The CEF recorded 729 cases of self-inflicted wounds of which six were by officers. The determination of the chain of command to prevent these instances was so strict that any medical officer identifying a possible case of self-inflicted wound was required to report it, and the patient was immediately placed under arrest awaiting court martial.
An excerpt from the War Diary of The Royal Canadian Regiment, showing the entries for 27 and 28 March 1916. The entry on 28 March notes the self-inflicted wound of 477130 Private T.H. Burdett.
The Official History of the Canadian Forces in the Great War; The Medical Services describes how a soldier intending to inflict a wound upon himself might do so:
" A man would fasten his rifle in a fixed position, discharge it, and observe where the bullet struck. He would then place the least serviceable part of his body in the line of fire and discharge the rifle again."
An excerpt from the Part II Daily Orders of The Royal Canadian Regiment, showing the entry for the Court Martial of 814480 Private H. Barre for a self-inflicted wound.
There was another, less easily detected, type of "self-inflicted wound" that might ensure a man spent lengthy periods in hospital instead of in the front line trenches …
The Official History of the Canadian Forces in the Great War; The Medical Services states the following for the incidence of venereal disease:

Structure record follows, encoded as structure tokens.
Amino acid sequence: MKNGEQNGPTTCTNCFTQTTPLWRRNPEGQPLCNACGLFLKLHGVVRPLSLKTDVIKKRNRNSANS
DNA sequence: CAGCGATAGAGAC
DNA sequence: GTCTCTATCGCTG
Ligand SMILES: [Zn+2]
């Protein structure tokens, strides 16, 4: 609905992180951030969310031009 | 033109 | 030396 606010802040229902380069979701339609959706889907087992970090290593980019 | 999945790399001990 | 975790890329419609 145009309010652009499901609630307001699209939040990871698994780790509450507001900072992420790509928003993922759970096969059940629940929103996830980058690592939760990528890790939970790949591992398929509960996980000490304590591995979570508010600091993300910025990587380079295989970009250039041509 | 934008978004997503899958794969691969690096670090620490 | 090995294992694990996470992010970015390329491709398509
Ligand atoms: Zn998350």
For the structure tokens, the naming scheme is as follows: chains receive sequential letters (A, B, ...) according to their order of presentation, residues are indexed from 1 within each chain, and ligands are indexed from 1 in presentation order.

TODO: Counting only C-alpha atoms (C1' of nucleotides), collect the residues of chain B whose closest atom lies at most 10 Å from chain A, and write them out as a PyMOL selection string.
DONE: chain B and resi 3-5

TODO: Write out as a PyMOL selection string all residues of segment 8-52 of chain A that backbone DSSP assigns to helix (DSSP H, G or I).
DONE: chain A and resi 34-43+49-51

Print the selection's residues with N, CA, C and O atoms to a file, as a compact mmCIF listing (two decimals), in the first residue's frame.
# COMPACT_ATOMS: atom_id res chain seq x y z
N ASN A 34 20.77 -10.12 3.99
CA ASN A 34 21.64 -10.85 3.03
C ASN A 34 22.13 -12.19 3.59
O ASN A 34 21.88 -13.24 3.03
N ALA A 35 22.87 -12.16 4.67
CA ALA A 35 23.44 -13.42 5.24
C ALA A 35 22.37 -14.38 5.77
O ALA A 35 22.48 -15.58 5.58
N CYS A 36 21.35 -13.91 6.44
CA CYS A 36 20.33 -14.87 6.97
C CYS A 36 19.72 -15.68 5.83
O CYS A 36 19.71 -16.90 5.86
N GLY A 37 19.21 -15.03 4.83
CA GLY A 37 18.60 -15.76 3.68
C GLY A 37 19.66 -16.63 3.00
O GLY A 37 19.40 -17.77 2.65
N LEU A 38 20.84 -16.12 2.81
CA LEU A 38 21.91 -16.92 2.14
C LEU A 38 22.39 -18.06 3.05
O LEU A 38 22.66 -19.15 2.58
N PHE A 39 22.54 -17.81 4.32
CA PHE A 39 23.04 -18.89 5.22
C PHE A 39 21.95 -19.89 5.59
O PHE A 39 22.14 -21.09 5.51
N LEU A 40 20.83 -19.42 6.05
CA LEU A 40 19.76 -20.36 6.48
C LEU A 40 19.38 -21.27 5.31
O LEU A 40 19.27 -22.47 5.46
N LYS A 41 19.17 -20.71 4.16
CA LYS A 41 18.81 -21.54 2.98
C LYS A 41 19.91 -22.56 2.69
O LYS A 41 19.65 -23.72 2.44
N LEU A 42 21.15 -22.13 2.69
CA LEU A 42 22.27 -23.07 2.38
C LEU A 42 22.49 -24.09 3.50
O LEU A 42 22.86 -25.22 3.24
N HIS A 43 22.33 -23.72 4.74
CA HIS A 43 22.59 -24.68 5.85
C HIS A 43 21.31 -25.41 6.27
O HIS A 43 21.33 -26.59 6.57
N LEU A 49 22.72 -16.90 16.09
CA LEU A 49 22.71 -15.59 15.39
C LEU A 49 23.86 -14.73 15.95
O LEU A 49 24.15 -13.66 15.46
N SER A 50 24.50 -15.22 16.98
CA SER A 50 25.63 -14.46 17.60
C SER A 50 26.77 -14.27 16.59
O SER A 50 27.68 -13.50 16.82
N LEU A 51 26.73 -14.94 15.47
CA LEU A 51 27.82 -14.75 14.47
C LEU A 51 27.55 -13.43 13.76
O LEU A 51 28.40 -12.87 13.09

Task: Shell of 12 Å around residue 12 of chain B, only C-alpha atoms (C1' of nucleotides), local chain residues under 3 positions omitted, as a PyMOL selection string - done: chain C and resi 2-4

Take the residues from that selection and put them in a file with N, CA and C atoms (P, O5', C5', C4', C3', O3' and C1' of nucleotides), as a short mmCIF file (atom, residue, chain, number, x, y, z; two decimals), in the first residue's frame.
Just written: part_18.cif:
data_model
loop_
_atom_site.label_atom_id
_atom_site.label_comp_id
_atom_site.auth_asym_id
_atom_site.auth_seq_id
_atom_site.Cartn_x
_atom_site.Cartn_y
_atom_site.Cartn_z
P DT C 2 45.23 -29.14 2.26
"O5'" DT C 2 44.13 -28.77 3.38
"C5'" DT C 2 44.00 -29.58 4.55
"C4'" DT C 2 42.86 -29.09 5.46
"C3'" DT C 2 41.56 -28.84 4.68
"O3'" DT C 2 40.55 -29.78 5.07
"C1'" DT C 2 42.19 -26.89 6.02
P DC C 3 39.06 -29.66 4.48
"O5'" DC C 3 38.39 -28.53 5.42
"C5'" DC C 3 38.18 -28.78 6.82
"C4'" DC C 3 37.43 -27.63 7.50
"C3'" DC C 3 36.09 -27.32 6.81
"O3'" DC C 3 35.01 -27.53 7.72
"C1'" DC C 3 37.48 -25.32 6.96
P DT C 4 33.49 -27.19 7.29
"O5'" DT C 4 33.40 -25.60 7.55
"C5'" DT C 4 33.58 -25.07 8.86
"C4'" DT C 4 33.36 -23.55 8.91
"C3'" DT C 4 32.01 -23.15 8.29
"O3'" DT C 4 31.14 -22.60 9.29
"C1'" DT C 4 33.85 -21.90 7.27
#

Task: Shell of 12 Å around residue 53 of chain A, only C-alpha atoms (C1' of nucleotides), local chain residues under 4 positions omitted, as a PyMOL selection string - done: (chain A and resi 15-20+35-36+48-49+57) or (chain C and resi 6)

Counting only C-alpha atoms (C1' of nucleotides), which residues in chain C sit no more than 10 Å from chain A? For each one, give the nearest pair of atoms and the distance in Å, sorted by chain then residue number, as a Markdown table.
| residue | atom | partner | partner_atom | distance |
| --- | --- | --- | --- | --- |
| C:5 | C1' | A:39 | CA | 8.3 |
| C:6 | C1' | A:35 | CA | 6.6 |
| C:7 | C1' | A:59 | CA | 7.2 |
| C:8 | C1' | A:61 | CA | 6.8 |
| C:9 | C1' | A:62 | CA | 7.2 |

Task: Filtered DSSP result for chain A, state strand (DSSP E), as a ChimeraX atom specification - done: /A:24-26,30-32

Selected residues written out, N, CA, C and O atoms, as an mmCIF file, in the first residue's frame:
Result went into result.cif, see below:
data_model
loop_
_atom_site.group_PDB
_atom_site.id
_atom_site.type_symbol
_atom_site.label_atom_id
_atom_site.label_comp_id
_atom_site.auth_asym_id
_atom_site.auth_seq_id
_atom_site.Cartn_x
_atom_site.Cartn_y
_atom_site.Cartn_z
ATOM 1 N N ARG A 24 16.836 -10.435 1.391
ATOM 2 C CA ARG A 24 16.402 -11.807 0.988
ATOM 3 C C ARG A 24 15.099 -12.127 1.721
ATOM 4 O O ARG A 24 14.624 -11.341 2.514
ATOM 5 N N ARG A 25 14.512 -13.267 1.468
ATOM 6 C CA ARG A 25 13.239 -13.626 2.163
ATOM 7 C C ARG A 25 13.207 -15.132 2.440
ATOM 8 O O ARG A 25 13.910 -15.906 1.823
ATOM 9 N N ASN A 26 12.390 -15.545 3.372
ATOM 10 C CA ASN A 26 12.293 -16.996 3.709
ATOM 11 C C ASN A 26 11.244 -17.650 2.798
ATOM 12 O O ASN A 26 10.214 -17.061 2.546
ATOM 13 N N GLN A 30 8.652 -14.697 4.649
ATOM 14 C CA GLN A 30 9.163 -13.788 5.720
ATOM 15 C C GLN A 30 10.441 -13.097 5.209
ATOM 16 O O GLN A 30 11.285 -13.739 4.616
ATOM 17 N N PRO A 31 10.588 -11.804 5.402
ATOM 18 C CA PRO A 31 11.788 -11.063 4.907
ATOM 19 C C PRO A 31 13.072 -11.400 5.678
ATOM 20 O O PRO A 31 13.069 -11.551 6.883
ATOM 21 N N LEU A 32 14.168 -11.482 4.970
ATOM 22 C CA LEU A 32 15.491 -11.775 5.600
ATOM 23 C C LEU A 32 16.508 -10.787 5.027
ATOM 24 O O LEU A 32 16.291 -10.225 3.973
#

In the Canadian army overseas during the period of the war there were 66,083 cases of venereal disease, of which 18,612 were syphilis; this yields a rate of 158 per thousand, and for syphilis alone 4.5 per cent or 45 per thousand."
In an attempt to curtail the incidence of venereal disease, soldiers of the CEF forfeited 50 cents per day of their pay plus field allowances while in hospital for treatment of sexually transmitted diseases.
An excerpt from the Part II Daily Orders of The Royal Canadian Regiment, showing the entry for the Hospital Stoppages (of Pay) for two soldiers during their hospitalization for venereal disease.
The use of poisonous gasses is one of the strongest images we have been left with of the First World War. The Official History of the Canadian Forces in the Great War; The Medical Services gives the figure of 11,356 for the number of wounded suffering from effects of gas fumes. This is 7.85 % of the total number of wounded. The volume doesn't provide a number for deaths directly attributed to gas, but infers that the progress of counter-measures and strict adherence to anti-gas drills effectively countered the enemy's progress in use of gas types and quantities.
The Official History; The Medical Services offers the following points on these principal gas types and their effects on soldiers:
An excerpt from the Part II Daily Orders of The Royal Canadian Regiment, showing the recording of the "Died of Wounds 'Gassed'" death of 440081 Private L.F. Mason at No. 14 General Hospital.